It is often said that understanding numbers is a distinct attribute of human intelligence - a characteristic that sets us apart from other animals and language. However, that's not true.
Honeybees count landmarks when navigating toward sources of nectar. Red-backed salamanders can tell the difference between one, two, and three. Mosquitofish can manage up to four. Ring-tailed lemurs can also put groups of different numbers of objects in order of size. They can tell which group is larger, but only when one group is at least twice as big as the other.
Scientists have observed that practically every animal they have studied - insects and cephalopods, amphibians and reptiles, birds and mammals - can distinguish between sets of objects or sounds in sequence.
Counting helps animals survive
Counting is not unique to humans: a vast range of animals understand numbers that help them to solve a variety of problems, such as acquiring food, navigating, defending themselves, and even finding a mate. Honeybees remember the number of landmarks they pass as they travel between a food source and their hive. The Desert Ant counts steps to track how far it has traveled from its nest on foraging trips. Counting helps River Frogs to find a mate by the pulses in their croak. They need to count the number of pulses in their croak and can do so in phrases of up to 10 notes long. It is believed that they measure the volume and length of the other croak.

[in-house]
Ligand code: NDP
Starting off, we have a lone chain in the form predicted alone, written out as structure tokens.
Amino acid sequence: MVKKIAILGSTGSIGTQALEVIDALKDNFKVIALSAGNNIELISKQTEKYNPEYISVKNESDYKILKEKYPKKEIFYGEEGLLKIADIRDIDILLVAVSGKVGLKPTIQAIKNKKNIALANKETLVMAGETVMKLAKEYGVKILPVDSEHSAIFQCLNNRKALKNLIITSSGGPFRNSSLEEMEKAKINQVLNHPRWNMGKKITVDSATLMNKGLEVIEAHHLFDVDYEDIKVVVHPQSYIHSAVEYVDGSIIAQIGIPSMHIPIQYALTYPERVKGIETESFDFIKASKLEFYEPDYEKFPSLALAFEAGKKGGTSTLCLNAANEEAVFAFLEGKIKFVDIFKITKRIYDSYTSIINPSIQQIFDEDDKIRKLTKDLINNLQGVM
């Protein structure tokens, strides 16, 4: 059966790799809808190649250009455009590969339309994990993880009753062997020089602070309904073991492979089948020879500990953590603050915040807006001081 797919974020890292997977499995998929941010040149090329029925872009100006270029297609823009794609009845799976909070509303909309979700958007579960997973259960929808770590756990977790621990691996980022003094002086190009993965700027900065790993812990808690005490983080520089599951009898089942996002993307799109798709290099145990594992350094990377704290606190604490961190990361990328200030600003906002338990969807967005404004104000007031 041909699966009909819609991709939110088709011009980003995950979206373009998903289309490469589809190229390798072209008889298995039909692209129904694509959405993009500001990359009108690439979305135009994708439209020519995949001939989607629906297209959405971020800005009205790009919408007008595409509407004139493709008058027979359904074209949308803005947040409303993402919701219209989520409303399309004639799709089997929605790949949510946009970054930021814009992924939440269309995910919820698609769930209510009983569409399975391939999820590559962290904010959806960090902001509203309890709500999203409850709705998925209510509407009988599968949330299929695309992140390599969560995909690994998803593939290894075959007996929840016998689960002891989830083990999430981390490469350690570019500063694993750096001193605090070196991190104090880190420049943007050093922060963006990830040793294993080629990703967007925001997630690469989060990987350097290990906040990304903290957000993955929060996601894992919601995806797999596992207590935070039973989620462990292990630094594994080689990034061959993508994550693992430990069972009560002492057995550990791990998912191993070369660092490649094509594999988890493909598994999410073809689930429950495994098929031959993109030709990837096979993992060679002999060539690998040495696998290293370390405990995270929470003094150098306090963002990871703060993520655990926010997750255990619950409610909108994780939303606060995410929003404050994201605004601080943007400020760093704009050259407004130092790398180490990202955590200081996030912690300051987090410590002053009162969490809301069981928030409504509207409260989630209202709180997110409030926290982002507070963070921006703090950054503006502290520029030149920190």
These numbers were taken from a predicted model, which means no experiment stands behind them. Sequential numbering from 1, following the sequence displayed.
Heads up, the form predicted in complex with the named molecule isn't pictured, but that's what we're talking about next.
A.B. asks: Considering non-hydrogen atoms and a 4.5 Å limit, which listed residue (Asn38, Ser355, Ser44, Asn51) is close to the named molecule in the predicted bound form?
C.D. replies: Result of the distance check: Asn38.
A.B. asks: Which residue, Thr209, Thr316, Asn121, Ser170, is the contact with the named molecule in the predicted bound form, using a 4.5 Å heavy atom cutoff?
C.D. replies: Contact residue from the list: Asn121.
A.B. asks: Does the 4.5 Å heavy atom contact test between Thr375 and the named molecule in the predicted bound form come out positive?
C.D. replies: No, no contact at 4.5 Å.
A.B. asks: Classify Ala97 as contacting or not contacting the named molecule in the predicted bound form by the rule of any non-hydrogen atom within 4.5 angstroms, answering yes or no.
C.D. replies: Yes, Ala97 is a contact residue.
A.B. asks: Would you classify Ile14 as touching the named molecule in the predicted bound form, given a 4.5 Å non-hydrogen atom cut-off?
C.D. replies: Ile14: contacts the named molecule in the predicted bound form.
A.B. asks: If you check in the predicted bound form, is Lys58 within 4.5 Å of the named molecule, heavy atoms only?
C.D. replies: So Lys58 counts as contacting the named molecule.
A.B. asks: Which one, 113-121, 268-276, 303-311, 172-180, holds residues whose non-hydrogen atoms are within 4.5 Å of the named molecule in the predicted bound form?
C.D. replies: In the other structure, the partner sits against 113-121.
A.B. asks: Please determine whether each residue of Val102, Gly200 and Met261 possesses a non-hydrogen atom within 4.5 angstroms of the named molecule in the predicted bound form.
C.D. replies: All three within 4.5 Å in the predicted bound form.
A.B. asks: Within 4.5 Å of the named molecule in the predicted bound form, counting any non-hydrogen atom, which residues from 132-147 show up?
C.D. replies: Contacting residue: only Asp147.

Small fish benefit from living in schools, and the more numerous the group, the statistically better a fish’s odds of escaping predation.
Gray Wolves require specific numbers in their packs to hunt, depending on what they are pursuing. When it’s elk they’re after, six to eight wolves are needed to be successful; for bison, nine to thirteen are necessary. And their prey use numbers as well. The elk will split into smaller herds to avoid encountering wolves or combine into larger herds to limit their chances of being hunted. This strategy has become popularly referred to as “safety in numbers.”
Two number systems
When we think of counting, we think of "one, two, three." But that of course relies on numerical language, which young humans and animals do not possess. Instead, they use two distinct number systems.
Human infants are already familiar with numbers at the age of ten months. However, their numerical abilities are limited: they can only detect changes between one and three, such as removing one apple from a group of three apples. This skill is shared by many animals with significantly smaller brains. For large numbers, they use another internal number system specialized for approximating large numbers imprecisely—the so-called approximate number system.
Fish, birds, bees, dolphins, elephants, and primates have all been found to possess an approximate number system when they quickly pick the most bountiful food source.
Scientists have found that animals across the spectrum have a keen sense of quantity and are able to distinguish not just bigger from smaller or more from less, but two from four, four from ten, and even forty from sixty.
While we humans and animals can both extract numerical information from our environment, it is still the language that sets us apart, precisely because it helps us not only pick the bush with the most berries but also perform intricate calculations that support civilization as a whole.